The lawyers, who work at the facilities for several weeks in a year, say the US Navy failed to follow up on reports of high cancer cases among young and otherwise healthy people who work at Camp Justice, the complex where they work on detainees' cases.
The lawsuit comes after a former military commissions attorney filed a complaint with the Department of Defense inspector general in July 2015 to look into whether conditions at the camp contributed to several cancer cases among personnel, including a former Camp Justice attorney who died of cancer on July 19, 2015, at the age of 44.
The lawsuit alleged that the US Navy conducted a "deeply flawed investigation" of the environmental hazards at the camp.
"Although this investigation found and documented the presence of hazardous conditions and cancer-causing chemicals, ranging from formaldehyde to heavy metals and mold, the investigation is inadequate to determine how great a risk they pose to human health, much less to determine appropriate remedial measures," the documents said.
The military lawyers want the Department of Defense to properly test the conditions at the camp, and in the meantime, move them to safer housing.
Navy Installations Command spokeswoman Capt. Wendy Snyder said her command carried out an "exhaustive" public health review.
"We anticipate the final report for the review will be posted to the website in the coming weeks," Snyder told CNN in an email.
Daniel Small, a partner at Cohen Milstein Sellers and Toll, which is representing the military lawyers without charge, said that two years is too long for these military lawyers not to have answers about the conditions in which they're living in while at the camp.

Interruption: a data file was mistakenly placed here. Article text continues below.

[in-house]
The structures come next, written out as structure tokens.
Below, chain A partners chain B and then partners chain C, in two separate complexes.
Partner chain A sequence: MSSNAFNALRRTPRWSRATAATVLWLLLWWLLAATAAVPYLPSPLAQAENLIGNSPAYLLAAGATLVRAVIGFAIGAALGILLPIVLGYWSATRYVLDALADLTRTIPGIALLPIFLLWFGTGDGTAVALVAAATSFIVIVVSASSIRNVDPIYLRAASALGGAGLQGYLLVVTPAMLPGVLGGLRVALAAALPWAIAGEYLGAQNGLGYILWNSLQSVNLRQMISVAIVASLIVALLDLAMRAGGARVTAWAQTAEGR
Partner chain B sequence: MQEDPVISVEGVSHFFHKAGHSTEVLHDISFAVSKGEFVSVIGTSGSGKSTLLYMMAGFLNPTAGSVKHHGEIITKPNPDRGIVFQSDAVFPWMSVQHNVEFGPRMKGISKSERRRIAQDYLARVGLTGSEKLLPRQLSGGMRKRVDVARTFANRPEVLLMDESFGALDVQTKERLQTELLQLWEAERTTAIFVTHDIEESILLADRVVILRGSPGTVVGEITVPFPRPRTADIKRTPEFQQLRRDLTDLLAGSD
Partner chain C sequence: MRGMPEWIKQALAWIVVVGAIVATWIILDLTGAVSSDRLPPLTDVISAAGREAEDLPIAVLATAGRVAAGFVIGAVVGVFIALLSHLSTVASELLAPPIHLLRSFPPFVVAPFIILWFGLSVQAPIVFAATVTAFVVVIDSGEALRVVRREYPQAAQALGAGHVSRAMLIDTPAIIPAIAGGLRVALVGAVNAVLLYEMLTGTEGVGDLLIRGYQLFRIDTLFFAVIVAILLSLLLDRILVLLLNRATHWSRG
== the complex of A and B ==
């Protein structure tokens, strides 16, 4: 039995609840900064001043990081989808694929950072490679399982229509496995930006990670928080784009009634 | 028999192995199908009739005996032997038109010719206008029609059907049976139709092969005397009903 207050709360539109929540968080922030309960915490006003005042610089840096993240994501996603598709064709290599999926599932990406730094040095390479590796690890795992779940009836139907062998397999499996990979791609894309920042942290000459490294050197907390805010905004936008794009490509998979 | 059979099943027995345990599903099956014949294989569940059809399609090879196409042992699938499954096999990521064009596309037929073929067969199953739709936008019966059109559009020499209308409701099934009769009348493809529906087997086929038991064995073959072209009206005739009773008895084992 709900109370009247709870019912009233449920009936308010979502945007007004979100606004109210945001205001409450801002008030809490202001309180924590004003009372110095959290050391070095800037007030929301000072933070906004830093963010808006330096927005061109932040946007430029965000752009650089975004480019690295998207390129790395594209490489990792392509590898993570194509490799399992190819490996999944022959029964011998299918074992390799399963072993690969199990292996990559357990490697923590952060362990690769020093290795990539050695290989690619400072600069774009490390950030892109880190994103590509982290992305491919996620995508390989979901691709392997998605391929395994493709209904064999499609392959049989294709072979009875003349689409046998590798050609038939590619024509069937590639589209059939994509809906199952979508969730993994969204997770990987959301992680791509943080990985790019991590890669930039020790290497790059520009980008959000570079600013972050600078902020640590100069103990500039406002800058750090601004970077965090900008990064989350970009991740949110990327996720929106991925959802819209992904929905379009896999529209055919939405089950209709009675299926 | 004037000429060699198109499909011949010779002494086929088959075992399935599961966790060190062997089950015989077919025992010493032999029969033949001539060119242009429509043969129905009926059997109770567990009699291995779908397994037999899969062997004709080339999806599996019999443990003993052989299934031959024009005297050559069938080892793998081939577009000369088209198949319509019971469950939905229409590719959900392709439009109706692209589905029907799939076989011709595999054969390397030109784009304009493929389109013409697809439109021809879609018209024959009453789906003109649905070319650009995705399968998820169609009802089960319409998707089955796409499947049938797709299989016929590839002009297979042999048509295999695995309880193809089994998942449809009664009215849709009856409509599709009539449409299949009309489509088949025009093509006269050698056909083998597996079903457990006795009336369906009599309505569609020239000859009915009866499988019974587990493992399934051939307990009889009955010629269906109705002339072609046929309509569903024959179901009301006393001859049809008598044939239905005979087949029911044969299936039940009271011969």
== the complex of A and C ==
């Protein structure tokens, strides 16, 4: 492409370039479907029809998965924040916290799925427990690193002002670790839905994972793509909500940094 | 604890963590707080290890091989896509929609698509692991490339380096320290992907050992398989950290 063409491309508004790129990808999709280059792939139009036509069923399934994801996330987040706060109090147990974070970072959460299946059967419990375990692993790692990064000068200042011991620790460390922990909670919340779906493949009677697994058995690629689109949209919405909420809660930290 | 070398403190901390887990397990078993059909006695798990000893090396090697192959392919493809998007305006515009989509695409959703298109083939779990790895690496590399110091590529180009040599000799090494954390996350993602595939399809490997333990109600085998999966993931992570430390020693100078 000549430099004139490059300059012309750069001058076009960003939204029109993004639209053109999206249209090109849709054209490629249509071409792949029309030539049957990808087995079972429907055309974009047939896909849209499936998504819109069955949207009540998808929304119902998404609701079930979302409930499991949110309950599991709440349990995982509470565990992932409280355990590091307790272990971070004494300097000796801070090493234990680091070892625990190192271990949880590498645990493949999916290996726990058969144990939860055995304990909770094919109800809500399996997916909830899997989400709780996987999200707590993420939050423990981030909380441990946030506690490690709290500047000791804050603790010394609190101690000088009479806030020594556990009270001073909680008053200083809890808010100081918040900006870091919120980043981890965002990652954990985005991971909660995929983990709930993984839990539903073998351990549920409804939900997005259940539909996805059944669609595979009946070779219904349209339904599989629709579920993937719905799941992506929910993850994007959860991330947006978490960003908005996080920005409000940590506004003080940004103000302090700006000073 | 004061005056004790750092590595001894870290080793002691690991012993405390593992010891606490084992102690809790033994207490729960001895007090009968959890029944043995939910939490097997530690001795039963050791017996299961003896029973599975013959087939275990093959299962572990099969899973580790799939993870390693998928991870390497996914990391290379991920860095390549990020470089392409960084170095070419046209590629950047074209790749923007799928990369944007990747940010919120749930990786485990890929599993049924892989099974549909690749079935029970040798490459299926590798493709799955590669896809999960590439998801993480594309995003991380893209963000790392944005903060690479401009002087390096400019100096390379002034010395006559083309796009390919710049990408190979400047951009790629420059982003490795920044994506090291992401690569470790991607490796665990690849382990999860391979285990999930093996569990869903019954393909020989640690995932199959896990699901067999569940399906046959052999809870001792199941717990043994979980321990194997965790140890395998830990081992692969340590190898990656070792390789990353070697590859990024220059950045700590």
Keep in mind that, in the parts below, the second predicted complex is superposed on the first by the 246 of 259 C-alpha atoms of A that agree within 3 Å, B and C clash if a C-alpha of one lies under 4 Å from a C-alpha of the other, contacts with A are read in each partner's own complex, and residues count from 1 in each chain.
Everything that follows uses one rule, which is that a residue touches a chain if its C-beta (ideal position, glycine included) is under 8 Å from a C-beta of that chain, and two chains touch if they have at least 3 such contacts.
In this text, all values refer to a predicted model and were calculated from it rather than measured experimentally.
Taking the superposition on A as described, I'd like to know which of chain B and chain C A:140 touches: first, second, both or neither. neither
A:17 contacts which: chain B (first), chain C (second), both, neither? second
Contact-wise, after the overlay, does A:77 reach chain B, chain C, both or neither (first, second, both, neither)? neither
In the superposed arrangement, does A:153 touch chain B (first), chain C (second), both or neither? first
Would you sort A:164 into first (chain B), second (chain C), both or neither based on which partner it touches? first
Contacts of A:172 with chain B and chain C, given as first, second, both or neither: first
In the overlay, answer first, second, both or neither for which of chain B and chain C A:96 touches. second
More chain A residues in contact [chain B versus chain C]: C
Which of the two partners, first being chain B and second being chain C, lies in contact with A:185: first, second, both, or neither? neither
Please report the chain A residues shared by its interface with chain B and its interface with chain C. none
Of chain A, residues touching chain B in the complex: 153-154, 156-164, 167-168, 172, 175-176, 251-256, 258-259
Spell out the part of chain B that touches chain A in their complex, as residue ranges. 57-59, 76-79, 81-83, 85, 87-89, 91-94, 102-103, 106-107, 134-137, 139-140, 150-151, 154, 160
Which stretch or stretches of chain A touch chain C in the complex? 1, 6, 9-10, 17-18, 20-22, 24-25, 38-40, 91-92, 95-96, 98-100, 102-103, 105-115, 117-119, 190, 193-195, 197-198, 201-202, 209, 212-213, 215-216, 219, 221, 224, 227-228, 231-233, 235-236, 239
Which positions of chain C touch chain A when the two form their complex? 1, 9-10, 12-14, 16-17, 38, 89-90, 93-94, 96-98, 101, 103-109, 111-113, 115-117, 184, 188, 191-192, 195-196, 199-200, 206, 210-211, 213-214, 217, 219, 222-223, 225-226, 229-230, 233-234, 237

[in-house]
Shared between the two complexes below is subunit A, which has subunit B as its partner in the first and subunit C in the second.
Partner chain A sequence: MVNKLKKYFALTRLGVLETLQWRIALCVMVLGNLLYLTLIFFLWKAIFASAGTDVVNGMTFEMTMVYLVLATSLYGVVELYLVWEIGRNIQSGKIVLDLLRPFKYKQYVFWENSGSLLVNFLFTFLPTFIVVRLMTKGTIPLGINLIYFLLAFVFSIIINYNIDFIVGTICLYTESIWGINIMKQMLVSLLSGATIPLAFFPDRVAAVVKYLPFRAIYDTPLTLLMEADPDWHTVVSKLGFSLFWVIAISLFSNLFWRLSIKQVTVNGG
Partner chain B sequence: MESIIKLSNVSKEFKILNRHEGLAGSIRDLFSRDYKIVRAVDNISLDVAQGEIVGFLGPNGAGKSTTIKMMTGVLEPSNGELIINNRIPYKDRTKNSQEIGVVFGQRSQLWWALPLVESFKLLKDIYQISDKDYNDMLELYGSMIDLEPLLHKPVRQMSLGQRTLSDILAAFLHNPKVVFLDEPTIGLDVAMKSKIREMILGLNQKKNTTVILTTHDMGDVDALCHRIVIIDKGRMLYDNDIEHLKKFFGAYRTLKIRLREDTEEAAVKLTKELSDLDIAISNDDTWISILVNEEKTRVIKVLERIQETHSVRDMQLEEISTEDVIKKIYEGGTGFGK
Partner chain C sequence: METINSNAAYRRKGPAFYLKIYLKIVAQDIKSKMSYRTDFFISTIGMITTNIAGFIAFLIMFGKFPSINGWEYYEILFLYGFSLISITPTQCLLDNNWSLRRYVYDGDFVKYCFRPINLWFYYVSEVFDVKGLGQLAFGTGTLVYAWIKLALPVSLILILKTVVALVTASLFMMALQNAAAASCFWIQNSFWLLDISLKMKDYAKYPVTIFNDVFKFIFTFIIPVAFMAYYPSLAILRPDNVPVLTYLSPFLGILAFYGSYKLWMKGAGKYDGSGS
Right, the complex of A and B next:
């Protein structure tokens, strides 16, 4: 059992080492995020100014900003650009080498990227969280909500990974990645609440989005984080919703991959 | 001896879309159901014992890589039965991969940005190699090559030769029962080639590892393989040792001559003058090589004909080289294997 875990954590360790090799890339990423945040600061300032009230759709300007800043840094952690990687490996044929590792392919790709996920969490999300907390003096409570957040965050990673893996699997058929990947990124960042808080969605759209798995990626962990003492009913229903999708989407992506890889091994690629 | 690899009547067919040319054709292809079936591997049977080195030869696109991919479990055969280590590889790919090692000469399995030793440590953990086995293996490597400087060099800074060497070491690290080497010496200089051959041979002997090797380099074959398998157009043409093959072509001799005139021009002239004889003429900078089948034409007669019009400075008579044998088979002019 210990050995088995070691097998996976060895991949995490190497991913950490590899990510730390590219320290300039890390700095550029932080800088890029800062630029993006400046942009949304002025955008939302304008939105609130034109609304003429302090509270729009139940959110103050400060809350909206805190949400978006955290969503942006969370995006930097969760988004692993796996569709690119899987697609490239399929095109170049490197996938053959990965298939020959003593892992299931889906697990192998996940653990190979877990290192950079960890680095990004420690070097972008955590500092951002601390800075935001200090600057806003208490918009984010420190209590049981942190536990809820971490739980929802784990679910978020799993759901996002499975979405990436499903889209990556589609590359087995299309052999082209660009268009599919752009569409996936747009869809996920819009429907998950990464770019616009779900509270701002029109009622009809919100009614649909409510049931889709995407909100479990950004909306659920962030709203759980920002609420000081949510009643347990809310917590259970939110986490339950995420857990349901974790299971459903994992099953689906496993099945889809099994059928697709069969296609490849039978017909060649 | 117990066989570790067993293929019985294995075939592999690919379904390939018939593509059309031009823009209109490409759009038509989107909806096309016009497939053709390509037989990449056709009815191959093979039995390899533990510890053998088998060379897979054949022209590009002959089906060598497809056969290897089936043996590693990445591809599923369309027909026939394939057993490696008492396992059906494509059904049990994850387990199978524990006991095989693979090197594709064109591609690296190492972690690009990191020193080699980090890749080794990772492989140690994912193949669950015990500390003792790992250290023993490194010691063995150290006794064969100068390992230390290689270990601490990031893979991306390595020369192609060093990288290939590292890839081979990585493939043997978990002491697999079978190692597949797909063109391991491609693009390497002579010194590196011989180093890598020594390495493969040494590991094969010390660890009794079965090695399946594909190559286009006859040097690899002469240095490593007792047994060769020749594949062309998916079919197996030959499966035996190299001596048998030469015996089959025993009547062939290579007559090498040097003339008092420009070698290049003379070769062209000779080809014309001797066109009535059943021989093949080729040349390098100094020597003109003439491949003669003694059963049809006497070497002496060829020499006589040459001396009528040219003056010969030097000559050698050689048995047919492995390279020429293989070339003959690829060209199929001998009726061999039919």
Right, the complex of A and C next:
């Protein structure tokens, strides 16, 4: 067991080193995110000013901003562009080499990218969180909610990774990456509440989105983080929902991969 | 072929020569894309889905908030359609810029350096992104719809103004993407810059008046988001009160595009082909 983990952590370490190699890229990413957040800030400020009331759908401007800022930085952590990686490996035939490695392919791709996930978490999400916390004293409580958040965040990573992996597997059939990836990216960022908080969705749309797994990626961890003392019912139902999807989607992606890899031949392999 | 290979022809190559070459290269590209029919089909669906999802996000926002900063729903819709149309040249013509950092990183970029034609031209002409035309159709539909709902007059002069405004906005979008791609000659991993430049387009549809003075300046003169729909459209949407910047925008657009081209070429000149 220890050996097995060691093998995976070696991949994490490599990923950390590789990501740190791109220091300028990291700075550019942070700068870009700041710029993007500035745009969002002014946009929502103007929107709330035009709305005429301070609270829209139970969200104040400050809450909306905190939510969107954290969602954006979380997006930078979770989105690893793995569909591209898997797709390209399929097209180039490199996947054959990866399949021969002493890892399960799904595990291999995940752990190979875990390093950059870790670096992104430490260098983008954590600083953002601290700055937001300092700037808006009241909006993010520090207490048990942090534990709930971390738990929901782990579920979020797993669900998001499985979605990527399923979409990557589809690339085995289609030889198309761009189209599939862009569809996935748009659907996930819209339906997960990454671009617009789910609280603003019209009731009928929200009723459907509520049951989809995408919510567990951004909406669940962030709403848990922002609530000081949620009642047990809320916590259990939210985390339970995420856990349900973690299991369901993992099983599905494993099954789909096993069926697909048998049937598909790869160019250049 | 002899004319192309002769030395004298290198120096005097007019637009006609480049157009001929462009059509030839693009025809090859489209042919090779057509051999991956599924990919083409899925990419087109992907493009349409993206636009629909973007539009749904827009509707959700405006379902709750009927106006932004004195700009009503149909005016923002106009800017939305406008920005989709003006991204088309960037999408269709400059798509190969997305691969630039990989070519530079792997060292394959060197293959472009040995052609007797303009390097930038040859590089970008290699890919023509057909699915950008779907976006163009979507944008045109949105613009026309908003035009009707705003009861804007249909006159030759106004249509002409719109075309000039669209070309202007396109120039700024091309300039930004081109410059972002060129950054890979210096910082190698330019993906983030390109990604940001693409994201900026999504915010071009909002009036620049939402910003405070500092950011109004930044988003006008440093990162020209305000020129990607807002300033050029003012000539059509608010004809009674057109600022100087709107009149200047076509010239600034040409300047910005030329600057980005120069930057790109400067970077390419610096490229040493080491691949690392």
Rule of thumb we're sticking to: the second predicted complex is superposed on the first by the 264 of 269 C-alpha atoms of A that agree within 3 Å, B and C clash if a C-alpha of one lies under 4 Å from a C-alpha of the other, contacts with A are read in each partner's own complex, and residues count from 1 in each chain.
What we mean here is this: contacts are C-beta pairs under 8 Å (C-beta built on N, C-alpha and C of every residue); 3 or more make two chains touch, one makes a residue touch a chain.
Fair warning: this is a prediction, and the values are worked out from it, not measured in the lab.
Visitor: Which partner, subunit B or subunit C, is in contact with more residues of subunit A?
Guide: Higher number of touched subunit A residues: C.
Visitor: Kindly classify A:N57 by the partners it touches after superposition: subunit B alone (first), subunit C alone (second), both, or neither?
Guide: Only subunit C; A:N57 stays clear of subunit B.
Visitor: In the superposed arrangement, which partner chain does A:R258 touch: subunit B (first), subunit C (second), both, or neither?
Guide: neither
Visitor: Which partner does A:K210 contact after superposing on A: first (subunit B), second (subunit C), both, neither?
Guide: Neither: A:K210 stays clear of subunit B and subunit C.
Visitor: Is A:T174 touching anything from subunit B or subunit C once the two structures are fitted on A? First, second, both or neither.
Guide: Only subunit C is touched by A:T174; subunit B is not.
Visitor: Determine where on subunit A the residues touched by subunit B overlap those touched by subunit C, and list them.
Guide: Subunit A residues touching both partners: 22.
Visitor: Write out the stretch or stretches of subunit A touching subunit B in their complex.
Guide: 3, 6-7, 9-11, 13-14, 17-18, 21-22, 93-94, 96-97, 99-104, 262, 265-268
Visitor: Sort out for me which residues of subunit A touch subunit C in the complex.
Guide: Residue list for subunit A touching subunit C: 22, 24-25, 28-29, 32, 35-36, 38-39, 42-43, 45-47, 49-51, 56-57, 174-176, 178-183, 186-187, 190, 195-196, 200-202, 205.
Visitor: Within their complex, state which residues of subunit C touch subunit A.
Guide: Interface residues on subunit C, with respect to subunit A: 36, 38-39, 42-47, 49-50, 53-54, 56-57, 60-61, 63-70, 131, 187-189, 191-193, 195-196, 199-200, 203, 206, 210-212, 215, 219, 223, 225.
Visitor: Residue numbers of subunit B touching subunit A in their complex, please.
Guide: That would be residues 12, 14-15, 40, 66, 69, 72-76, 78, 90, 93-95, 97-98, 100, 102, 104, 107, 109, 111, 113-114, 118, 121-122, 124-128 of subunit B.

"We know that two years is too long because of the hazards people are being exposed to," Small told CNN. "They have unreasonably delayed the (investigation) completely."
The military lawyers stayed in temporary housing trailers that are used as both office space and housing.
In the initial investigation in 2015, the air samples from these trailers tested positive for mercury and formaldehyde and the soil samples tested positive for benzopyrene, which are all carcinogenic substances.
Small said a solution would be to move the military lawyers to the "hard housing" outside Guantanamo Bay, which have better living conditions.
"If the Navy made it a priority to protect personnel, they could make more rooms available" in the hard housing, he said.
After the initial investigation, the Department of Defense said it would follow up with a more detailed report, but that report never came.
"They promised it for the fall of 2016, but then they extended it until the end of the year," Small said. "But both deadlines came and went and there's no report. We know of no new deadline and there's been no final report."